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The crew has responded to three calls since starting at 07:30, out of 440 across north Wales that day.
Matching piling numbers of calls with tied-up ambulances is putting control centre staff under pressure.
Particularly as they say the service has been dealing with more 999 calls than ever this summer.
Duty control manager Ceri Roberts has been in the service for 20 years.
“This year I think it’s the busiest I’ve seen,” she said.
“August is always a busy month but this time there seems to be no respite at all. We’ve got over 24 calls waiting for a response at the moment and the longest amber call has been waiting five-and-a-half hours.”
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The waits, Ceri said, can be longer.
“It’s quite heart-breaking at times,” she said.
“You can go home from a shift tonight and come back in tomorrow and see the same patient waiting in the stack, not having had an ambulance at all.
“You want to empathise and think, ‘gosh, what if that was my parent or my family member?'”
The pressure on the north Wales service, she said, was caused by several factors.
They include the relatively elderly population in the area, a backlog in demand – as some have been reluctant to get symptoms checked during the pandemic, people more likely to be out as Covid restrictions have eased and, with fewer people travelling abroad, north Wales being busier than ever.
Senior paramedic Hefin Jones works on the control centre’s clinical desk and gives advice over the phone.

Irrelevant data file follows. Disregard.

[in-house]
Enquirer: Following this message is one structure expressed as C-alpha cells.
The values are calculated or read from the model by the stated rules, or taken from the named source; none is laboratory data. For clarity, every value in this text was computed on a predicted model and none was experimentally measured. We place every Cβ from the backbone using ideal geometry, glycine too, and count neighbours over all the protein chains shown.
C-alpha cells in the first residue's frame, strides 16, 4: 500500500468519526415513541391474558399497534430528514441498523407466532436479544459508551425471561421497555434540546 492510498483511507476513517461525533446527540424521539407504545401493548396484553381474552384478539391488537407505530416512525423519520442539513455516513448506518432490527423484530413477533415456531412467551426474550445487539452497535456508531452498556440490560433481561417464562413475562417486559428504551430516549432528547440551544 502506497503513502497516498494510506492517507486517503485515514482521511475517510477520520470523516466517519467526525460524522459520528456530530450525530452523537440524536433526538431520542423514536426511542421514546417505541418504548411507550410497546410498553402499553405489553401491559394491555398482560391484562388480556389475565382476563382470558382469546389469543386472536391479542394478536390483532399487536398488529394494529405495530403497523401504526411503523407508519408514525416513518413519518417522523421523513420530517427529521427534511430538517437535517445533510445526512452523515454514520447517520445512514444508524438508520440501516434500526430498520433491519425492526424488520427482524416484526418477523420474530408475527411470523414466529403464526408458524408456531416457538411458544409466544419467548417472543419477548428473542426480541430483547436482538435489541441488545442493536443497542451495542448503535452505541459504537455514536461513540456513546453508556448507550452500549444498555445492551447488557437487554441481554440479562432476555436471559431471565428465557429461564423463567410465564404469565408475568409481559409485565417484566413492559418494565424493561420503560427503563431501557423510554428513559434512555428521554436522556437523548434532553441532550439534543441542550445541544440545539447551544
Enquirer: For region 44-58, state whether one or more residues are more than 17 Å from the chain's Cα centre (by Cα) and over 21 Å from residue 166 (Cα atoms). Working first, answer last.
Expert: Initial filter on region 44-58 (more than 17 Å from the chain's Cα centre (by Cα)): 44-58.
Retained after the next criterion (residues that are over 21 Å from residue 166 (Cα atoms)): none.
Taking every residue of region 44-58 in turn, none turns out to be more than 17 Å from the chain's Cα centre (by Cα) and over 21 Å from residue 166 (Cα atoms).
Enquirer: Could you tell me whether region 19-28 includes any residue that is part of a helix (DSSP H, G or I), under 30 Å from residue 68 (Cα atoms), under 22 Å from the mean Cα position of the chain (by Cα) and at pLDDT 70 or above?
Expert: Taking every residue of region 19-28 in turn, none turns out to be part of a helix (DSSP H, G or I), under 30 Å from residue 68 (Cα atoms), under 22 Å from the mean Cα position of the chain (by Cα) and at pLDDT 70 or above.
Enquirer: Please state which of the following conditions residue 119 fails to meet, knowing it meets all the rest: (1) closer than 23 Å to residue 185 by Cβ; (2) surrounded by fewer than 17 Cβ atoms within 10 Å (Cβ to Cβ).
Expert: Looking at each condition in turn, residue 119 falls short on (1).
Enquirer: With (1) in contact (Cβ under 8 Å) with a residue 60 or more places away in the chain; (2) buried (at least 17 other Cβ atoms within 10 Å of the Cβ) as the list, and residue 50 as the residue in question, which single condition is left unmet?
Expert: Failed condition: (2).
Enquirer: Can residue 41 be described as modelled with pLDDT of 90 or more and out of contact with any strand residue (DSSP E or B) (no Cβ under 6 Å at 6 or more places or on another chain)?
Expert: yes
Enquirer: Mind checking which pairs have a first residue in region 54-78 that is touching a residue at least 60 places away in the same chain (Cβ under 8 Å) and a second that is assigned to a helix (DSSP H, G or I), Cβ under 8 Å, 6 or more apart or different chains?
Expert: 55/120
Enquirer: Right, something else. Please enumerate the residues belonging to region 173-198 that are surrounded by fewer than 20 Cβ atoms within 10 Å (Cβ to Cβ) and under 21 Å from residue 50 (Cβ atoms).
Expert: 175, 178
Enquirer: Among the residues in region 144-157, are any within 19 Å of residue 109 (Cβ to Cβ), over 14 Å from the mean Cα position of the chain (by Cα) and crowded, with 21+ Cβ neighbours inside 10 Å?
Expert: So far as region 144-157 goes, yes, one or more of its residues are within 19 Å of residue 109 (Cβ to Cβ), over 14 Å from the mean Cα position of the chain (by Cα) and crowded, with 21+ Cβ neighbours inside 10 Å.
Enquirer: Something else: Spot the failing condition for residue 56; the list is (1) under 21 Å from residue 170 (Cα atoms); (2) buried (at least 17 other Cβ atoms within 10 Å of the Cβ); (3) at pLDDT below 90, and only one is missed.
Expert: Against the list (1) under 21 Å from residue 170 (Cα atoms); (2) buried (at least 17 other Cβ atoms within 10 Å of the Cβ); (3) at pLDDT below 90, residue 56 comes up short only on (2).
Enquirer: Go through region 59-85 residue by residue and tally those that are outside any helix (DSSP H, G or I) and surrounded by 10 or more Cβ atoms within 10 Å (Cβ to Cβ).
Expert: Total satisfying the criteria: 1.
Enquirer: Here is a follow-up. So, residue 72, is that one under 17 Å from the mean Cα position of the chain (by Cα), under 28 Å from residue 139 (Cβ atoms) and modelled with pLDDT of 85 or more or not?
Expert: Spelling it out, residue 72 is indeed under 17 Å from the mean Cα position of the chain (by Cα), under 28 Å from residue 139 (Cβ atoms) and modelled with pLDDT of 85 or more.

“I’ve been in the service 30 years and I’ve never seen it as busy as this,” he said.
“It’s people coming out of lockdown, people not going abroad as we live in a touristy area. The number of people on Anglesey, say, is three times more than the usual population.”
This is an “enormous worry,” he added.
“The worst part, which we deal with a lot on the clinical desk, is people who’ve been waiting long, long hours for an ambulance response, but you don’t have an ambulance to send.
“As clinicians we try to support them [on the phone] as best as we can.”
Hefin said the post-lockdown workload had trebled with extreme pressures now routine.
He and Ceri urged the public to help ease the strain.
“We’ve had all types of calls, from sunburn, fish-hooks in feet, cramp in legs, through to much more serious calls,” Ceri said.
“I’d like people to think before they dial 999. It’s not just a go-to number.
“We’ve got the 111 symptom checker online and that’s a good place to start.”
She said the difference would be “immense” if people thought more before dialling 999.